treatment gave them a bluish hue, hence the name La Boule Bleue. Hervé Rofritsch, the fourth generation, is now head of the company and continues to manufacture blue boules (as well as plain-coloured steel ones). “The boule starts off from a cylindrical stump of steel which is then heat forged to form a metal plate,” he explains. The plate is then shaped into a hemispherical shell and two such shells are welded together before being machined, balanced and weighed.” Boules are then engraved and grooved and fired in a furnace for half an hour before being cooled in a cold salt bath. “The process takes just under a week,” says Rofritsch. The rest of the manufacturing is a family secret although the company admits that the bright blue colour of some of its boules does wear off in the end. It offers around 30 different engravings from a simple transglobal line to a complex grooved tartan of spheres and squares. You can even have your initials stamped on them. One of the great things about boules is that anyone can play at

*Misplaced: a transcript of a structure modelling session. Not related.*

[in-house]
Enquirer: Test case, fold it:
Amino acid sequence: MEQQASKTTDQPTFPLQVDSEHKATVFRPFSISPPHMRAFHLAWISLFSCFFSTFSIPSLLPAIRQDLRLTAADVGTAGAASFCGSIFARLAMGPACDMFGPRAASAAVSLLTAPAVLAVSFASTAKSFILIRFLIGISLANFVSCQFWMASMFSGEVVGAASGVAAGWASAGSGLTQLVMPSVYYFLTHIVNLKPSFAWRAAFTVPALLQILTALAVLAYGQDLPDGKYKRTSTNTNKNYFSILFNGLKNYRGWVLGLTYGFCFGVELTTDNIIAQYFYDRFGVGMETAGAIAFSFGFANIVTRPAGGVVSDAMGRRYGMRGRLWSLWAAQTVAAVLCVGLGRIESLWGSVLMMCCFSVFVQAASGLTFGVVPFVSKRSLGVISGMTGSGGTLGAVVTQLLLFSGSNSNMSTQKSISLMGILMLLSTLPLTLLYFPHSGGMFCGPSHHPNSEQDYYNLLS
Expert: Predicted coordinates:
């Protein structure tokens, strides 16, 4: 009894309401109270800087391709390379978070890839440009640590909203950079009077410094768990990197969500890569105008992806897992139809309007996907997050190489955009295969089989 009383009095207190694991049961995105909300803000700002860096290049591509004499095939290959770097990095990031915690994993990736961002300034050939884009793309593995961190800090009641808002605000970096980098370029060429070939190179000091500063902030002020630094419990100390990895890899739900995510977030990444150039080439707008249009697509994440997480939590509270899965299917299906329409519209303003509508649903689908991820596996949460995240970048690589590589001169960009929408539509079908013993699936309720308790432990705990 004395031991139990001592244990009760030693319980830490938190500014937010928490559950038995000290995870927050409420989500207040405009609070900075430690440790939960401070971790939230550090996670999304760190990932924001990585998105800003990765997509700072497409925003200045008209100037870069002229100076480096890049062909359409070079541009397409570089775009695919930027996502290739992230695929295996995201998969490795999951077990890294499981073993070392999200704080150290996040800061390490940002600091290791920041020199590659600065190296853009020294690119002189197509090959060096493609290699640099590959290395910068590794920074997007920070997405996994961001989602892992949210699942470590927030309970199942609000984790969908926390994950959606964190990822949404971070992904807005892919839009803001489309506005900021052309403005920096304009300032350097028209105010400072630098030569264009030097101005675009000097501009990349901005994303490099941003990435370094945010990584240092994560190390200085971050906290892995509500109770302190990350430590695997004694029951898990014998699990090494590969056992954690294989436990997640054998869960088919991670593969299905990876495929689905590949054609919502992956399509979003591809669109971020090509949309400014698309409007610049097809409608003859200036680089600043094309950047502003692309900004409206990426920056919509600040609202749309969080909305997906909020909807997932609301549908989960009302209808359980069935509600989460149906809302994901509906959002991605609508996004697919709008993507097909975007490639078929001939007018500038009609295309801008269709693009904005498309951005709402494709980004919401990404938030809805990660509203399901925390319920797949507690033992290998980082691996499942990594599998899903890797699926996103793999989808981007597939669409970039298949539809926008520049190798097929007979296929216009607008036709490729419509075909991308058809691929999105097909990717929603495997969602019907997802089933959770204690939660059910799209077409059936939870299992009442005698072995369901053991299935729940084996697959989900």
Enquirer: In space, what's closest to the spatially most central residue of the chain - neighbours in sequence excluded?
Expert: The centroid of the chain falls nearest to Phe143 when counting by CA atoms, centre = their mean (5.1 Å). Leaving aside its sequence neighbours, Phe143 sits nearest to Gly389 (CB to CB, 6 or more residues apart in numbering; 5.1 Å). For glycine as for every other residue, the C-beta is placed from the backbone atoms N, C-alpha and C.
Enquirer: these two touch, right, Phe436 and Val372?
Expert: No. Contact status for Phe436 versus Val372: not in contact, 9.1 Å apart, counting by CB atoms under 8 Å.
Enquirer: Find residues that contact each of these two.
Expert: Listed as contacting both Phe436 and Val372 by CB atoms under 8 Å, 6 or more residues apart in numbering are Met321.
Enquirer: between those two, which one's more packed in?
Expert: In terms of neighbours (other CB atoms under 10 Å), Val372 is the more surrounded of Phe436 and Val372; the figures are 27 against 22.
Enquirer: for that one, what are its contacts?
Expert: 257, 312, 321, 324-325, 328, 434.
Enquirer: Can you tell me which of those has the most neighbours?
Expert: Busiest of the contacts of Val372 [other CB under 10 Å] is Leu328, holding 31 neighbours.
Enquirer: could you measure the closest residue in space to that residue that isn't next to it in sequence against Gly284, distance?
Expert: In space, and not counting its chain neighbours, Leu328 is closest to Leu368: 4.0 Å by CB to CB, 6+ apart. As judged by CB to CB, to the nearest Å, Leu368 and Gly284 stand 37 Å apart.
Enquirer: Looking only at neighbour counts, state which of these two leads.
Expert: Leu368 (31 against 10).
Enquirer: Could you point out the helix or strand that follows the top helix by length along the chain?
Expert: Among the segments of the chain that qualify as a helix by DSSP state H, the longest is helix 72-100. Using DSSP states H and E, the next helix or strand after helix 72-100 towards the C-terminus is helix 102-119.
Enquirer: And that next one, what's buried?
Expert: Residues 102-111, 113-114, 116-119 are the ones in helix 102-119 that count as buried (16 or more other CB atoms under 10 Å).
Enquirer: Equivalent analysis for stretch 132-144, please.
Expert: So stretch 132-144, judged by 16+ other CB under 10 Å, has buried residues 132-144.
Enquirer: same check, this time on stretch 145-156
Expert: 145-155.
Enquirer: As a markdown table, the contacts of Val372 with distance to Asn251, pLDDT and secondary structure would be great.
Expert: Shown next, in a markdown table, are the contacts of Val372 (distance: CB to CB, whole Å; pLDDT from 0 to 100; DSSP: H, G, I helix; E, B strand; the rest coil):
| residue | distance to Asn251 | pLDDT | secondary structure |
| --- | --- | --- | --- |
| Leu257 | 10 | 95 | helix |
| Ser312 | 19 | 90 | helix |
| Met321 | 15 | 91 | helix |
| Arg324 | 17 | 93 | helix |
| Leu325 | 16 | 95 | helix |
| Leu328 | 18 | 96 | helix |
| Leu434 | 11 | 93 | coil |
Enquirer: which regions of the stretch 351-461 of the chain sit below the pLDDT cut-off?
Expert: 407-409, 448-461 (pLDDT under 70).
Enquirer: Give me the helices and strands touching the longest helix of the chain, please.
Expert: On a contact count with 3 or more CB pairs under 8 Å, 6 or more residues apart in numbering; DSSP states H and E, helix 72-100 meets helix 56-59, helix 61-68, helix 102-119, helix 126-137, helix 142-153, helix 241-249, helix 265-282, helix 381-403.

any age. Mondial competitor Jerôme Rousseau played with his first set of boules when he was seven and his first partner was aged 84. One triplette team at this year’s Mondial la Marseillaise had a combined age of 231 and for another, it was just 33. Boules is even starting to be played where the terrain is not flat. A new tournament was inaugurated this year in the village of Ansouis in the Luberon called Extreme Boules. Organised by local resident Jamie Ivey in the grounds of Château Saint Estève-de-Néri, teams played pétanque through the vineyards, down steep slopes (relying mainly on grattons to stop the boules) and across the stony driveways of the estate. The Swedish national boules champion was there but the tournament was, of course, won by a local team, more used to gazing down at their boules from a relatively low centre of gravity and under the shade of a beret. Ricard even sponsored a London boules tournament last July in Battersea Park to mark Bastille Day and there were thousands of people